My spirit has survived.
Despite the title of Garin Hovannisian‘s documentary on Armenia’s 2018 “velvet revolution” being I Am Not Alone, journalist/activist/Congressman Nikol Pashinyan was exactly that at the movement’s beginning. Word came down that former president Serzh Sargsyan was to be voted in as the nation’s latest Prime Minister—an unjust and demoralizing development considering he had used the last term of his presidency to change laws and ensure that new office would effectively keep him in controlling power. Because Pashinyan refused to simply let that happen without a fight, he organized an eighteen-day march towards the capital city of Yerevan in order to block politicians from entering the Parliamentary building and thus prevent the vote. Rather than join thousands of protestors upon his arrival, only a couple hundred showed up.
Instead of letting that be the end of it, Pashinyan rallied students, stormed the government-sponsored radio station, and caused enough chaos to force President Armen Sarkissian into serving as a mediator between the two sides. Sargsyan of course wanted a “dialogue” while the protestors demanded nothing short of his resignation. The police got involved, thinly veiled threats mentioning a deadly gathering back in 2008 were uttered, and arrests were made to guarantee the people got a taste of how far the Republican Party was willing to go to retain its strangle-hold through bribes, corruption, and fear. Pashinyan and his team never wavered, though. They remained vigilant in their quest to keep their actions firmly in the realm of civil disobedience and inspire change the democratic way.
Hovannisian’s film is another on an ever-expanding list of documentaries about civilian-led rebellions against dictatorships like The Square and Winter on Fire. The available footage here is great because camera crews followed Pashinyan while he was live-streaming everything from his phone on Facebook. So we get first-hand accounts from the ground as well as recorded interviews in the aftermath of all the major players including party leaders; the man in charge of the government’s military response, Valeriy Osipyan; and Sargsyan himself. That last one is intriguing, especially if you’re unsure of what happens in the end. Seeing his smiling face is nothing short of disquieting considering his plans to exploit the nation, but his inclusion does mean receiving an account of the events that’s as comprehensive as possible.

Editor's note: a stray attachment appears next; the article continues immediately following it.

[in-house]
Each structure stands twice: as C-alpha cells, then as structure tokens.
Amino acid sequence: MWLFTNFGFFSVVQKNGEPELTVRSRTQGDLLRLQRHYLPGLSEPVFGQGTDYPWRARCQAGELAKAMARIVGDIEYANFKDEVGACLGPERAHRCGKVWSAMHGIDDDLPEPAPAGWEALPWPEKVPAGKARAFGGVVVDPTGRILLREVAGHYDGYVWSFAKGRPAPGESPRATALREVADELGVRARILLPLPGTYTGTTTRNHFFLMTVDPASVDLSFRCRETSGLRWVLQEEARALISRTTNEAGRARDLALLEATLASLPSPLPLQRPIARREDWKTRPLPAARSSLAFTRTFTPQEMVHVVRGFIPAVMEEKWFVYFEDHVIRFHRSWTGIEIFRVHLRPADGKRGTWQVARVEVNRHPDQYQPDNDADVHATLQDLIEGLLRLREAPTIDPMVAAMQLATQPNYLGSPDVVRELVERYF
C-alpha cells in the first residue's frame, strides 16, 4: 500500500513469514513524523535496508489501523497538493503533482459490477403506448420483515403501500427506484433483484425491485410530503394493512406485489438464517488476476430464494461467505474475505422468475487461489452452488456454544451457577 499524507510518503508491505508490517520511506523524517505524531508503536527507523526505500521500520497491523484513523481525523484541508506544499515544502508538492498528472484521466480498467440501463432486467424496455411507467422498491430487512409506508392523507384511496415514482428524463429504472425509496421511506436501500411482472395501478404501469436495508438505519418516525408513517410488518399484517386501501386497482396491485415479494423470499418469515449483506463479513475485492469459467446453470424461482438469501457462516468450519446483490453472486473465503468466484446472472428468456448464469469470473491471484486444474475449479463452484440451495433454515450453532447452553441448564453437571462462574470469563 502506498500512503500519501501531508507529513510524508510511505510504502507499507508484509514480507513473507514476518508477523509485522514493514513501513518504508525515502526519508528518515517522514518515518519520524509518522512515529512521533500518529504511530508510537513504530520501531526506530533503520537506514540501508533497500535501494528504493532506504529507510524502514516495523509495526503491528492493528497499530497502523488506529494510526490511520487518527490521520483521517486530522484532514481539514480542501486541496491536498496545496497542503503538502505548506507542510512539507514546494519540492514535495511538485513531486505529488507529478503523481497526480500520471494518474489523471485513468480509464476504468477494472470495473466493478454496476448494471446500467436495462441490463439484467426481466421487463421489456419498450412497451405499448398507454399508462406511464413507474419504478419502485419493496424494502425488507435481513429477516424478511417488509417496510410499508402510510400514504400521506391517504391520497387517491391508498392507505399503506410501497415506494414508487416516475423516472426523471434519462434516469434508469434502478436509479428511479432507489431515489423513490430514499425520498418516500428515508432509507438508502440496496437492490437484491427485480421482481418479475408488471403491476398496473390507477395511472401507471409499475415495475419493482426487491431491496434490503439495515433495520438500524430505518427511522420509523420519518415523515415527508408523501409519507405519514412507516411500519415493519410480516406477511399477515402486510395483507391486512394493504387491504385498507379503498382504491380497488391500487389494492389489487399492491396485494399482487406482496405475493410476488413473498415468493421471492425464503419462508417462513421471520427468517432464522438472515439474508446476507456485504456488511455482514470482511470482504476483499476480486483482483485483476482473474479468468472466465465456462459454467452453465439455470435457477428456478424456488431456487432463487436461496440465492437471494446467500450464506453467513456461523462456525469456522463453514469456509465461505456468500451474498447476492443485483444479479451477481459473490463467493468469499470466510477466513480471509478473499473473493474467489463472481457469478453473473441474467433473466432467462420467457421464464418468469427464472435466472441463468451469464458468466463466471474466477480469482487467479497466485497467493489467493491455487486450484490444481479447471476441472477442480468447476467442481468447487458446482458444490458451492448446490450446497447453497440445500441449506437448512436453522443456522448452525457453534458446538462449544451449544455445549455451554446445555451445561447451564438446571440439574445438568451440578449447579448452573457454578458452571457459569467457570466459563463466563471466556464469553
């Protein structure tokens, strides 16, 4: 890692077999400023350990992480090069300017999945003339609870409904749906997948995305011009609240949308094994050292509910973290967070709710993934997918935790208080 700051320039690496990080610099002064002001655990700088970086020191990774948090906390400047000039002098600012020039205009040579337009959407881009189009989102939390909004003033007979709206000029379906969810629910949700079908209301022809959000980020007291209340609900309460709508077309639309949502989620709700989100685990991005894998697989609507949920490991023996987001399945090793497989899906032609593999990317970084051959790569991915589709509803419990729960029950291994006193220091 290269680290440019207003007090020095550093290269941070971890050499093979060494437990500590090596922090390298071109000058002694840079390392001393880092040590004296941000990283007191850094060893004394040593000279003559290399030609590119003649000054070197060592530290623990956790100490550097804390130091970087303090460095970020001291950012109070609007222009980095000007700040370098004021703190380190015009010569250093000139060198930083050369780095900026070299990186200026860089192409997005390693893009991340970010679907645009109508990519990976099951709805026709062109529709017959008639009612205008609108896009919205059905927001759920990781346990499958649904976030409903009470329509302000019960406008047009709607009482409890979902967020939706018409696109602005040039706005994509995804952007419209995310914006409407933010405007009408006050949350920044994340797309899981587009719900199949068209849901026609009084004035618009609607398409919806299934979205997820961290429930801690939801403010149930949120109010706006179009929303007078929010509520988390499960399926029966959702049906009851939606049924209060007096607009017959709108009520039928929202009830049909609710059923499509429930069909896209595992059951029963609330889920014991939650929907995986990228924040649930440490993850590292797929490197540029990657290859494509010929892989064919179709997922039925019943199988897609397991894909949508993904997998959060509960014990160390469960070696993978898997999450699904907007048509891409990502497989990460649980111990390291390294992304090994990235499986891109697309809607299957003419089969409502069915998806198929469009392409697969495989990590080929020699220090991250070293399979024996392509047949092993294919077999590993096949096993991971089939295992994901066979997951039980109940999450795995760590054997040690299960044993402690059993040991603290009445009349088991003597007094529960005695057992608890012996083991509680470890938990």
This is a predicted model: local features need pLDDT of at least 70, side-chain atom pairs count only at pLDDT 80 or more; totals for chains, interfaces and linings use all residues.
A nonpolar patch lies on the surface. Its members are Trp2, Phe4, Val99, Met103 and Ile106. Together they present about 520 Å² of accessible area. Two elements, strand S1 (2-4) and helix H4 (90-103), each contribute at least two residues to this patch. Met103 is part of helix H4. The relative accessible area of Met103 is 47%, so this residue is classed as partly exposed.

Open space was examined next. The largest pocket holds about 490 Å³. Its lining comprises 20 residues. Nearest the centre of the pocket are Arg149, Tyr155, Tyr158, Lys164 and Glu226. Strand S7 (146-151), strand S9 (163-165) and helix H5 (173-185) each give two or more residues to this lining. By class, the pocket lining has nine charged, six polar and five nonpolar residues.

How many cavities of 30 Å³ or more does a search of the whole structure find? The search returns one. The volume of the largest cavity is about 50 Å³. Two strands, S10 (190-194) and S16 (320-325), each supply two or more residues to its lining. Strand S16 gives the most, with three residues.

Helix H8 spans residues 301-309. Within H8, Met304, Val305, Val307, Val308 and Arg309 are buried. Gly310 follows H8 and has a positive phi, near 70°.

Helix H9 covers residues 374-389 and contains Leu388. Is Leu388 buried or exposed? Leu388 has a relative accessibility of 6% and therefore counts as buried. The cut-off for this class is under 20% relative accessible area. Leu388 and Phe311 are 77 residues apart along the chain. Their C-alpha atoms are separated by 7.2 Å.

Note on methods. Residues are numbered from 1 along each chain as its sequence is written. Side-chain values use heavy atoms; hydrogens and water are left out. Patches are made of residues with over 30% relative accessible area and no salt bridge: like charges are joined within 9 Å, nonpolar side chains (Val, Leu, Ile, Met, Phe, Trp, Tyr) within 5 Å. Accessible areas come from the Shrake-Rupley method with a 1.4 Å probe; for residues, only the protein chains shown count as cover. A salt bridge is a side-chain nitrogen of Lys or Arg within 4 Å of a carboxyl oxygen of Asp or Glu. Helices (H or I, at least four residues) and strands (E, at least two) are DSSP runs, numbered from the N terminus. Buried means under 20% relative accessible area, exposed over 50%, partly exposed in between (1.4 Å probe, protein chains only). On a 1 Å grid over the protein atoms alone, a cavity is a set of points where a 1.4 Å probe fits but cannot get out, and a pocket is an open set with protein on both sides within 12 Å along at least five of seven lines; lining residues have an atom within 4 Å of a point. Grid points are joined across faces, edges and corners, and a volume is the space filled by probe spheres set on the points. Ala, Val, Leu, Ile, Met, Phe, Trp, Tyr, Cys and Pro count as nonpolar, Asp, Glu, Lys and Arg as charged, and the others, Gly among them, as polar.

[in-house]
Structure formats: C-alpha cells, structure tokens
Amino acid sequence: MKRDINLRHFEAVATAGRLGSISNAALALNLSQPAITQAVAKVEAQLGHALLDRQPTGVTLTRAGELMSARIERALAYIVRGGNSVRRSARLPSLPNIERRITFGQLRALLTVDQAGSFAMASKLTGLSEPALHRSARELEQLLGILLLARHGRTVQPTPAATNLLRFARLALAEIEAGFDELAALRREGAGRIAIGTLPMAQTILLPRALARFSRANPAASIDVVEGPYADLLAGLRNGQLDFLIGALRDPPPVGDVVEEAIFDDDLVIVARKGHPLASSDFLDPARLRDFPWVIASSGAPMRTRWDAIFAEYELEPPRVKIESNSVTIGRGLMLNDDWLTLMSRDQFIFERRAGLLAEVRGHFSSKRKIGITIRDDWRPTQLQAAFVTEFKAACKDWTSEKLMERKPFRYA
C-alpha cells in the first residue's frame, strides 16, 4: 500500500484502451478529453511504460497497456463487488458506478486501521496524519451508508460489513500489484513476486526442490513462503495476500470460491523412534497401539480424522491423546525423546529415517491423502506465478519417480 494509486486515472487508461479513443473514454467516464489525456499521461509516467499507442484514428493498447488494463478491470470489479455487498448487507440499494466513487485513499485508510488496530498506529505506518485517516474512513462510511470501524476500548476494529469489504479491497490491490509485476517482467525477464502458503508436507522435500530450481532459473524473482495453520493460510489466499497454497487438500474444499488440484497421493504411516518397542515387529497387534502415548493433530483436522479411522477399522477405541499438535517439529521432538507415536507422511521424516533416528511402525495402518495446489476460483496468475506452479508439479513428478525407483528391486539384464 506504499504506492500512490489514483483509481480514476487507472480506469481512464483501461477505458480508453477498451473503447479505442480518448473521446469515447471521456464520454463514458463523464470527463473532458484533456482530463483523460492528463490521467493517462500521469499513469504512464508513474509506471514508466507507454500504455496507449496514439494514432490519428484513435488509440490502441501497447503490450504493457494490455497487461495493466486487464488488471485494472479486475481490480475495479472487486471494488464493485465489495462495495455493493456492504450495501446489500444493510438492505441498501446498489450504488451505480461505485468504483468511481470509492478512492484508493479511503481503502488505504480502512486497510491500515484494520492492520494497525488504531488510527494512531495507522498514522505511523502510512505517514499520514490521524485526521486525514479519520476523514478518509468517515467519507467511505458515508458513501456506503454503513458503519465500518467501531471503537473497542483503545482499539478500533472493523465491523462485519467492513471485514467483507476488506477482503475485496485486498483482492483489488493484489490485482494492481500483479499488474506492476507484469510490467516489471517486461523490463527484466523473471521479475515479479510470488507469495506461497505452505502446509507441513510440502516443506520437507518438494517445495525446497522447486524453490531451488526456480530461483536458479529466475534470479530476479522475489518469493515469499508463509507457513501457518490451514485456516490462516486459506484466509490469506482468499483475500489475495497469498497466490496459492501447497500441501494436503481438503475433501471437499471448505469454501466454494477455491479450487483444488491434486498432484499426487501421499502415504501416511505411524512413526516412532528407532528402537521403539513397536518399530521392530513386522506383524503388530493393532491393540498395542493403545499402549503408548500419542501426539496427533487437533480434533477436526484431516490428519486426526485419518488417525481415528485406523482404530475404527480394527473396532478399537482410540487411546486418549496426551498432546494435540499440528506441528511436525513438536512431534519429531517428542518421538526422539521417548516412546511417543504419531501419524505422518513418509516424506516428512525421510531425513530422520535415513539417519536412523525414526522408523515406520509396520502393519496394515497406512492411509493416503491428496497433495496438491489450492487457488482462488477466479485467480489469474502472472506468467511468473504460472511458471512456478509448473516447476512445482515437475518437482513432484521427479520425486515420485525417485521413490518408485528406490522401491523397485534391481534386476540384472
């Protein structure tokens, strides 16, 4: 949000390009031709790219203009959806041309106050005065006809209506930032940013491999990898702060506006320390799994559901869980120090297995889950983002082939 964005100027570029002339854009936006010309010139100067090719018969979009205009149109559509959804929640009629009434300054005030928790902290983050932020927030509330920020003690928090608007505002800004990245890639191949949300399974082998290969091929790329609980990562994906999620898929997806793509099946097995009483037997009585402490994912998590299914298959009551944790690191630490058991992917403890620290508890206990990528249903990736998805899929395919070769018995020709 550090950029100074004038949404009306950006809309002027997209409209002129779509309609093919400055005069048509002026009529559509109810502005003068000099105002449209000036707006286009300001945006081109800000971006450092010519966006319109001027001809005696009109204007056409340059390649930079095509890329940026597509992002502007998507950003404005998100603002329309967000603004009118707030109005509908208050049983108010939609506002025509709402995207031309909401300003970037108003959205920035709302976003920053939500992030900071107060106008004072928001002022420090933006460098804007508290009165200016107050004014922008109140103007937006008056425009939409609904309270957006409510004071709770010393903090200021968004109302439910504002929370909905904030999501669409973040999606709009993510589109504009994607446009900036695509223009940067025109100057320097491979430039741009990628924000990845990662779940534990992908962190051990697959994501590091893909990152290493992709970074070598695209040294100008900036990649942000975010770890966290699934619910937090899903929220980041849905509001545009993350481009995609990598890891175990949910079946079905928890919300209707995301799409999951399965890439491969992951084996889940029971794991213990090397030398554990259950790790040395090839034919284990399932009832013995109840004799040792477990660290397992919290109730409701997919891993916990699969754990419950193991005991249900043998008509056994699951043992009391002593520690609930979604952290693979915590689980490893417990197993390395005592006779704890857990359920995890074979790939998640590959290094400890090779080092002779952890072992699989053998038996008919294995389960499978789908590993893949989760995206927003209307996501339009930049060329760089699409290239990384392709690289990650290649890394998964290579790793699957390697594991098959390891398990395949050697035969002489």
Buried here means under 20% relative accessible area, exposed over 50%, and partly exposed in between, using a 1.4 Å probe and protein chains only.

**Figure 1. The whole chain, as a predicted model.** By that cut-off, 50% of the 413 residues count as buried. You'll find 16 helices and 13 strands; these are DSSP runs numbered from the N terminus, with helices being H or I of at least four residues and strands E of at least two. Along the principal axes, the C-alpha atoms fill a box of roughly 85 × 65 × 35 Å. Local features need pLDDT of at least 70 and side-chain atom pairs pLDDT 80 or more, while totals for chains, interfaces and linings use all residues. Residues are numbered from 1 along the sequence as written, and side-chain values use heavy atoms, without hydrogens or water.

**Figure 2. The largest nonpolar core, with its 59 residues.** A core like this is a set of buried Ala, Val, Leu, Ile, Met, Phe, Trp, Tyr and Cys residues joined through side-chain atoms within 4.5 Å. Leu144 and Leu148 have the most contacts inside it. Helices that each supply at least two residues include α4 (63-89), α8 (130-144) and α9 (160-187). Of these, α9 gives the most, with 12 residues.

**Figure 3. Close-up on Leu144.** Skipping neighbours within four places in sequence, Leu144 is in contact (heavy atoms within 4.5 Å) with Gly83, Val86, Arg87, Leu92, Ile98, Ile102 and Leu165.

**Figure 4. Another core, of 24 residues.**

As such, we also learn a bit about who Pashinyan is and what he’s endured and overcome whether death threats, having to go into hiding, or wondering if his new role as a politician was destroying the activism inside him for a more conformist mindset of compromise. You could almost say Sargsyan’s actions reinvigorate his drive to make a difference because he was reminded of just how much worse things could get if complacency ruled the day. That doesn’t mean he will be enough to guarantee a victory, though. When Pashinyan physically blocks a public transportation bus, the driver implores him to move regardless of his identity or rousing motivations to instill change. This man was thinking of the present while the fight around him targeted the future.
This realization is most clearly seen via Republican spokesperson Eduard Sharmazanov and his introspection as far as what his party did to earn the ire of the citizens. While I Am Not Alone‘s main goal is to document what occurred and inspire people from oppressed nations to stand against tyranny, the decision to give the opposition a voice so they could offer hindsight is one of its strongest traits. What Sharmazanov and others say could turn out to be the lies of men biding time and hatching schemes to try for total control again, but the simple fact they must consciously take the people into consideration now as something to strategize against rather than silence confirms the power they’ve relinquished. Accountability will no longer be ignored.
As for the film itself: the production value is high and the care taken to create this complete timeline is obvious. The only part that struck me as odd was Serj Tankian popping up as a talking head adding commentary rather than insight—his presence seemingly more about his being producer and composer than a necessary addition to the subject on-screen. While objectively a small detail, it’s tough to ignore his presence amongst the dramatic tales provided by those who were there in Republic Square. That’s where the heart and soul of this story exists and where it probably should have stayed since no other outsiders have come along for the ride. This starts and finishes with Pashinyan’s faith in Armenians and they do not let him down.
courtesy of TIFF